LOS ANGELES (AP) — A teacher who was wounded in last week's deadly shooting at Los Angeles International Airport said he crawled to escape a gunman and used a sweatshirt as a tourniquet after a bullet ripped his leg.
"I didn't know what his intention was," Brian Ludmer said from his hospital bed Tuesday. "I only saw me and him. ... I was in total panic."
Ludmer, 29, said he waited to get through a Terminal 3 security checkpoint on Friday when gunshots erupted.
One floor below, Transportation Security Administration Officer Gerardo I. Hernandez was killed and the gunman was trying to shoot other TSA workers.
Ludmer recalled that he and other travelers then pushed through metal detectors, scattering into the terminal and down ramps into bathrooms, shops and stores, even onto airplanes — anywhere to get away from the shooter.
As Ludmer ran, a bullet hit him in the calf.
"My leg collapsed. It just instantly wouldn't support me," he said. "Below the bullet wound my leg was just hanging."
He looked back and saw the gunman alone in the terminal hallway. Ludmer crawled to a shop, scrambled into a storage room and shut the door. He found a sweatshirt and tied it around his leg to slow the bleeding.
Ludmer was terrified that he would pass out and bleed to death or the gunman would follow and finish him off.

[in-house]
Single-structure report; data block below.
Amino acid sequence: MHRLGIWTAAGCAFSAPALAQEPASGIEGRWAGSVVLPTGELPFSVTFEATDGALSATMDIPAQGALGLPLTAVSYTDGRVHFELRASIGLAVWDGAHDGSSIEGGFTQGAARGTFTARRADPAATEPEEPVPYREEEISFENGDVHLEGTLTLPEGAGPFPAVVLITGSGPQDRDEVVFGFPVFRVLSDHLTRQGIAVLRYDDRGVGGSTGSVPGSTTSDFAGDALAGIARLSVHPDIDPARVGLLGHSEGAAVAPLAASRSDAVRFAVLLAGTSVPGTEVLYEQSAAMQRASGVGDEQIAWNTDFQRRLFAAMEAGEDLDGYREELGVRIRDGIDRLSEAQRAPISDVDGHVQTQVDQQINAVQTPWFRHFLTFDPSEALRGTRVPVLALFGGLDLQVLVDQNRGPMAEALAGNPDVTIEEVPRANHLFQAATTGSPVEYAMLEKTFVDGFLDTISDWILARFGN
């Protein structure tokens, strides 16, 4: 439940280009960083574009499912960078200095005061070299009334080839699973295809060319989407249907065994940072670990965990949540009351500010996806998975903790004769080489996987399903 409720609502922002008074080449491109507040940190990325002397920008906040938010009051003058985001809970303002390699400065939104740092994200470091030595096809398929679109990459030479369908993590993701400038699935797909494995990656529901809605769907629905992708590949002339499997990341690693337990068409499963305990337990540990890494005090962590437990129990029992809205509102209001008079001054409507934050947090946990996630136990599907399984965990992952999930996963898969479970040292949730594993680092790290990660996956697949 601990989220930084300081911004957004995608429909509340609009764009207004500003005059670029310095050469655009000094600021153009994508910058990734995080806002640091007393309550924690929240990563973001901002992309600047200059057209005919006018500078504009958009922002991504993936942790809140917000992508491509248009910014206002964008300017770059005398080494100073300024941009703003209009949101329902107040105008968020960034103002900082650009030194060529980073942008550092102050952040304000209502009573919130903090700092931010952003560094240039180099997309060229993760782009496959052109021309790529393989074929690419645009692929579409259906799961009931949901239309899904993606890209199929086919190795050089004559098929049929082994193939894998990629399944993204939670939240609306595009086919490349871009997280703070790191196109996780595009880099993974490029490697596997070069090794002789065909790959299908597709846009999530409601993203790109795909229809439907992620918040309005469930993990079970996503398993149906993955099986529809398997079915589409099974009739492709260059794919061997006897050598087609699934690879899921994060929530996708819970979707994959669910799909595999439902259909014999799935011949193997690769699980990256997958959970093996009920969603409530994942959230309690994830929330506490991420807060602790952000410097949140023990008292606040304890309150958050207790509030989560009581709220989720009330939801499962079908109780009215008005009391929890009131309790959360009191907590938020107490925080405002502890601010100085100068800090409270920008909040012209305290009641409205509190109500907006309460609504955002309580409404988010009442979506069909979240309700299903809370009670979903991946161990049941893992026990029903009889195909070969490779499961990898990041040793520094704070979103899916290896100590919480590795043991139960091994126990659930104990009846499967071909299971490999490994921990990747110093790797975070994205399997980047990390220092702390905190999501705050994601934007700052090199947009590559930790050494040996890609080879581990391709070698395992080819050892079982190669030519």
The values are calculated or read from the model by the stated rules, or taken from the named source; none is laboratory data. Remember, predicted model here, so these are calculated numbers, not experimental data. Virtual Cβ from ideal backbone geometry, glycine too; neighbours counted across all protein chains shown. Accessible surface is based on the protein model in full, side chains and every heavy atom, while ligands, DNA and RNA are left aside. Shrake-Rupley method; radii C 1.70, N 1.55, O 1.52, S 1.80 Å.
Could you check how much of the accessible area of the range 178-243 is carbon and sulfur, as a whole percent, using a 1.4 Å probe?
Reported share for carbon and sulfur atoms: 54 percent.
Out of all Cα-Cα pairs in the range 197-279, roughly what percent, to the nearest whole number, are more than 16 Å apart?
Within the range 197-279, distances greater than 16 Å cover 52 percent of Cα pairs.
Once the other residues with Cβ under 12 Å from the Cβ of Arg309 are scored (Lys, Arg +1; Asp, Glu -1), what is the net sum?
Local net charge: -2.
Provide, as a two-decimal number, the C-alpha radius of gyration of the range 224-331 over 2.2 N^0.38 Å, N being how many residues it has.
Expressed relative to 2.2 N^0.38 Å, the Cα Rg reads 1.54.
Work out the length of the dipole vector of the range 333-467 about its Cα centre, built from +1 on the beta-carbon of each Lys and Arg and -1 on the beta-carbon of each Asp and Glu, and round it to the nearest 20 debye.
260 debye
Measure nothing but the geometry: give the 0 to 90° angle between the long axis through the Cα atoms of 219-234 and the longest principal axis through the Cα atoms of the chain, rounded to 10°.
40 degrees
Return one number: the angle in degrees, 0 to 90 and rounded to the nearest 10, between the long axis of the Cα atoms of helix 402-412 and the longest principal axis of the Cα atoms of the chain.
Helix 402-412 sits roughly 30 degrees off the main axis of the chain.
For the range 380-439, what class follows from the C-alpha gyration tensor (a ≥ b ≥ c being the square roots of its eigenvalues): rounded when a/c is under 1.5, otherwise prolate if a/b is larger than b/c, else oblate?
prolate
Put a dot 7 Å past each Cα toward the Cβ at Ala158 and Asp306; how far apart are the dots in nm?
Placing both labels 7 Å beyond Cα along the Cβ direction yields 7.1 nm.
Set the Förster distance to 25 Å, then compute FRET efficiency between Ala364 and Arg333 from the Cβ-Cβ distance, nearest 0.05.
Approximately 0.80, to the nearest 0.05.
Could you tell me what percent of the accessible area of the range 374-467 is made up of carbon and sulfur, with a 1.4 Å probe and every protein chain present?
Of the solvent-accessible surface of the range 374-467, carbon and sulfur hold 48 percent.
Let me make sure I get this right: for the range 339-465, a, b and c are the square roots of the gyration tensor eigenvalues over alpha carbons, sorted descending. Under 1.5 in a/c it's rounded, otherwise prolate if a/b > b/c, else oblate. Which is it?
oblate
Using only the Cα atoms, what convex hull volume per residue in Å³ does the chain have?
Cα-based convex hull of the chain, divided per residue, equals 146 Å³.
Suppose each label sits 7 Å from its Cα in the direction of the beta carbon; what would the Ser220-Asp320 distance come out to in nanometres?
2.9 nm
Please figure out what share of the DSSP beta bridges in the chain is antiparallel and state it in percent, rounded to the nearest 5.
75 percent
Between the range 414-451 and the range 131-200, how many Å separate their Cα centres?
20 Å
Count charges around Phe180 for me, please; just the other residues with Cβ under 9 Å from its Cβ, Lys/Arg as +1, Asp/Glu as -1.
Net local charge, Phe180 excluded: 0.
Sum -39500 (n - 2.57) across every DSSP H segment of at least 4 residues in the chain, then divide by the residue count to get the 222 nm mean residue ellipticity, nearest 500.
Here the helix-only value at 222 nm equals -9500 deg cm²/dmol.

Soon, however, he heard voices, dragged himself to the door and peeked out. A wave of relief swept over him when he realized police officers were clearing the terminal.
Two officers told him they would get him out safely — but not quite yet, because the gunman might still be on the loose. Ludmer said his leg was bleeding, and he needed a paramedic. The officers helped him into a wheelchair and dashed through the terminal.
"They got me out of there, even though it was at great risk to themselves," he said. "They wheeled me out of there at a run."
They didn't know that airport police had actually shot and wounded the suspect, Paul Ciancia, within minutes of the attack.
Ludmer, who was heading to his hometown of Chicago to attend a weekend wedding, said he was simply in the wrong place at the wrong time and called the gunman "sick," mentally ill and delusional.
"But whether you're sick or not, I don't see any lawful purpose for having access to those sorts of weapons," he said. "I don't see the benefit that is outweighing the cost that it seems to be continually taking."
Ludmer needs one more surgery but doctors expect him to make a full recovery. Two other TSA agents wounded in the attack have been released from the hospital.
Federal agents are investigating possible ties between Ciancia and a widely circulated conspiracy theory that the U.S. government is preparing to establish a totalitarian state.
Ciancia, a 23-year-old unemployed motorcycle mechanic, remained hospitalized in critical condition. He has been charged with first-degree murder of a federal officer and committing violence at an international airport but will not appear in court until he is cleared by doctors.
Associated Press writers Tami Abdollah and Justin Pritchard contributed to this report.